S. Korean NIS director coordinating meeting with Suga, Japanese broadcaster reports

Posted on : 2020-11-10 17:19 KST Modified on : 2020-11-10 17:19 KST
Park Jie-won recently met with LDP secretary-general
On Nov. 9, Japanese broadcaster TBS reports that South Korean NIS Director Park Jie-won will visit Japan to meet with Prime Minister Yoshihide Suga as early as Nov. 10. (TBS screenshot)
On Nov. 9, Japanese broadcaster TBS reports that South Korean NIS Director Park Jie-won will visit Japan to meet with Prime Minister Yoshihide Suga as early as Nov. 10. (TBS screenshot)

National Intelligence Service (NIS) Director Park Jie-won is reportedly coordinating a meeting with Japanese Prime Minister Yoshihide Suga while visiting Japan to discuss issues such as forced labor victims, a key area of contention in South Korea-Japan relations. This marks the first time a senior South Korean official has visited Japan since Suga took office.

Japanese broadcaster TBS reported on Nov. 9 that Park was “in the final coordinating stages for a courtesy visit with Prime Minister Suga at his official residence as early as Nov. 10.” The day before, Park met with Liberal Democratic Party (LDP) Secretary-General Toshihiro Nikai, with whom he has a longstanding friendship. A close associate of Suga’s, Nikai is reportedly a close friend who has interacted with Park for nearly 20 years. The two appear to have had a broad-ranging conversation in which they openly shared their views on issues between Seoul and Tokyo, including the forced labor survivors and export controls.

Coming at a time when no headway has been made in negotiations through official dialogue between South Korean and Japanese diplomats, the meeting between the two officials — who are most familiar with the opinions of South Korean President Moon Jae-in and Suga, respectively — is garnering attention on the possibility of finding some avenue toward a solution. According to accounts from some officials in the Japanese government, Suga has expressed a highly favorable position on taking part in a scheduled trilateral summit with China in South Korea this year if Seoul can dispel Tokyo’s concerns about the liquidation of assets confiscated from Japanese businesses operating in Korea.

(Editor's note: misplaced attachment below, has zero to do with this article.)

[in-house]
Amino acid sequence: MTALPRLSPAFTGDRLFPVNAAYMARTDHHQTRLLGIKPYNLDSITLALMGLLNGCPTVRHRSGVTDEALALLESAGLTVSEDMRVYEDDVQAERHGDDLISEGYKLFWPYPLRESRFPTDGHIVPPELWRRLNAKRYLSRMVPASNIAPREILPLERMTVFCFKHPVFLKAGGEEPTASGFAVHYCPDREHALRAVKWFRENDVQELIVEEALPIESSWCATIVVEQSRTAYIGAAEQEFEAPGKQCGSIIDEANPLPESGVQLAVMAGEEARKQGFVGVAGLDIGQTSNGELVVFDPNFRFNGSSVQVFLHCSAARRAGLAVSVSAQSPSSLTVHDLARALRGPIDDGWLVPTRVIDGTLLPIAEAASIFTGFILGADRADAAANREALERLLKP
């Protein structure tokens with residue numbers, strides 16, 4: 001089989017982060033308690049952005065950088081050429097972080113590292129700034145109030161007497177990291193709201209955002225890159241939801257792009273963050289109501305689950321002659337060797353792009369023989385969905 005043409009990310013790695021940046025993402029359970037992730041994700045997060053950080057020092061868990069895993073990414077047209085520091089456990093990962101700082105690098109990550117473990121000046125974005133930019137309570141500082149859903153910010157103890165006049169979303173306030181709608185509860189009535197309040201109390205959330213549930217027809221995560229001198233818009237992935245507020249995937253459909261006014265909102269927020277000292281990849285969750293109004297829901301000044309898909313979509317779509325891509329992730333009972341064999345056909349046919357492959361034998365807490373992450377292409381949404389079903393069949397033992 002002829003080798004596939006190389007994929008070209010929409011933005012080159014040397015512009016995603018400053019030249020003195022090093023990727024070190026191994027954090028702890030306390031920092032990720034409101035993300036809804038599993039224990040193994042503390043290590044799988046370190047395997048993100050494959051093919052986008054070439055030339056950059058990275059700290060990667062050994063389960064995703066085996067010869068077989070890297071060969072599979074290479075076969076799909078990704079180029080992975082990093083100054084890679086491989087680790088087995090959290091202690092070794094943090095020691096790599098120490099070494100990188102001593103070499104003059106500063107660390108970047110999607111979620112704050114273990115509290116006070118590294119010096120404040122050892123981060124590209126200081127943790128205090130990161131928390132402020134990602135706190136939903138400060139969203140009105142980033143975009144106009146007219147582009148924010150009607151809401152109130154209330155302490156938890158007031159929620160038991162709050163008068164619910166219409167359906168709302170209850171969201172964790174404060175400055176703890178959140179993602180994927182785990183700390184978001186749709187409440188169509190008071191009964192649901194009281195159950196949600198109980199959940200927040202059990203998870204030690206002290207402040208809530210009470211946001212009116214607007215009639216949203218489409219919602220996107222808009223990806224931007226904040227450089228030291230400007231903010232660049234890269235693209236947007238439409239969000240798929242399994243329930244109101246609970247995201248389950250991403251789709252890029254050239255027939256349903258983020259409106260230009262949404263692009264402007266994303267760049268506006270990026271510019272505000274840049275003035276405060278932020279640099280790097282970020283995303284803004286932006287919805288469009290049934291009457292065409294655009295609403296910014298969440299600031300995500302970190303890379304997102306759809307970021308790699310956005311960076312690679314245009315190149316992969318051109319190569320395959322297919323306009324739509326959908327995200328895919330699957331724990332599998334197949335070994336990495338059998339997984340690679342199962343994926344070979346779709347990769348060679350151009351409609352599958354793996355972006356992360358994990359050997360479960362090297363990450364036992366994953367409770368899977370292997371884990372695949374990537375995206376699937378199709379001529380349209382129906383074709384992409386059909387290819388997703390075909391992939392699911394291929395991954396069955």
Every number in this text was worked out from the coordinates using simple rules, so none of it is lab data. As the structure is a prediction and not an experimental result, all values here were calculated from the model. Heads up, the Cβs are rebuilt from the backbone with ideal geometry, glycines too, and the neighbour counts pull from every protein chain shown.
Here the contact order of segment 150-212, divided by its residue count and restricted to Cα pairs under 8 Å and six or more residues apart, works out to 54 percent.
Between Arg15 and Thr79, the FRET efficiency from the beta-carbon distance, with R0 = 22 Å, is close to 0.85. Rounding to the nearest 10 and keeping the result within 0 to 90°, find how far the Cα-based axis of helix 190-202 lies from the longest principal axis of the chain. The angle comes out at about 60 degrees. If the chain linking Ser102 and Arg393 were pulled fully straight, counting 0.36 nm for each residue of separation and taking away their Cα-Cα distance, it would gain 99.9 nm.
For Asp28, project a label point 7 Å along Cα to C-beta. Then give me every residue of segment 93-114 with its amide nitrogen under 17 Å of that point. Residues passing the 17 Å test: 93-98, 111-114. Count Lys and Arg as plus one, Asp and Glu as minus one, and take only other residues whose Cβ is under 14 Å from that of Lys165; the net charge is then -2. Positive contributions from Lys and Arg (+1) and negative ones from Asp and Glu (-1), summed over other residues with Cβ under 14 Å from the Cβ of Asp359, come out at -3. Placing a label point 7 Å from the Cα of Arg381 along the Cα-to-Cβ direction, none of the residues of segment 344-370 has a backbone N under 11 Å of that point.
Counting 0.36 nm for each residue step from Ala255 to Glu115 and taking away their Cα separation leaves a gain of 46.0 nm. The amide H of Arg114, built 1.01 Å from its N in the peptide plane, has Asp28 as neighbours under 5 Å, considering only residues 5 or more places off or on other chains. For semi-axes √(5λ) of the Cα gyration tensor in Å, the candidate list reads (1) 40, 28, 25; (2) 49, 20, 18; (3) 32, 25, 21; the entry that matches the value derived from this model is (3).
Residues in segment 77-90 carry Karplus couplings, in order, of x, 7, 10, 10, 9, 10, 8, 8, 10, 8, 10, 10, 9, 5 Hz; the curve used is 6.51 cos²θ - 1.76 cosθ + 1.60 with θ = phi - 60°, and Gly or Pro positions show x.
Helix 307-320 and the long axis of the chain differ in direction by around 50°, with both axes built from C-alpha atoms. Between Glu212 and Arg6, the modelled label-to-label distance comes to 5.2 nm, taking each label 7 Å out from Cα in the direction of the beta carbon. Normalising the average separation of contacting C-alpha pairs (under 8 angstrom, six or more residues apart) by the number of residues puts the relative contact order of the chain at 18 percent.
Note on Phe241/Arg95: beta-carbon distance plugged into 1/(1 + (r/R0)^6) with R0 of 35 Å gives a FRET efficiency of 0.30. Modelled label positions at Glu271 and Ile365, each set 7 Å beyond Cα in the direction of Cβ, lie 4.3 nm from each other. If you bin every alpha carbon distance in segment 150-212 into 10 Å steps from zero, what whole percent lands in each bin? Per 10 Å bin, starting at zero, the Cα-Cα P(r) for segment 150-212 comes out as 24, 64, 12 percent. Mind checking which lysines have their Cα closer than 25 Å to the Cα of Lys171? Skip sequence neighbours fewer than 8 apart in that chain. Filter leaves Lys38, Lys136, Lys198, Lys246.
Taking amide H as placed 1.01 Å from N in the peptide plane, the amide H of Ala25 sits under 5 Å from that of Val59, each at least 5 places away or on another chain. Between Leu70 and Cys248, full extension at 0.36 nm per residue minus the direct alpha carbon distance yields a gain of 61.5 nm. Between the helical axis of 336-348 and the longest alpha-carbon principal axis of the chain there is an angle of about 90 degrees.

In addition to Nikai, Park also reportedly plans to meet with Director of Cabinet Intelligence Committee Hiroaki Takizawa. Takizawa is the head of the Cabinet Intelligence and Research Office, an organization that gathers and analyzes intelligence on major Japanese policies to report to the prime minister’s office.

“Mr. Park appears to have gone to Japan to clear the way for efforts to resolve the current strain on South Korea-Japan relations,” a National Assembly Intelligence Committee official explained.

“Past NIS directors have often visited for prior coordination ahead of major diplomatic issues,” the source explained.

South Korean ruling and opposition party lawmakers affiliated with the Korea-Japan Parliamentarians’ Union also plan to visit Japan on Nov. 12-14 to explore ways of improving South Korea-Japan relations. A delegation of National Assembly members led by Kim Jin-pyo, a Democratic Party lawmaker who chairs the union, plans to meet with Japanese counterparts in the Japan-Korea Parliamentarians’ Union. The South Korean delegation also hopes to meet with Suga, although the possibility of this coming to pass remains uncertain, sources said.

By Kim So-youn and Kim Won-chul, staff reporters

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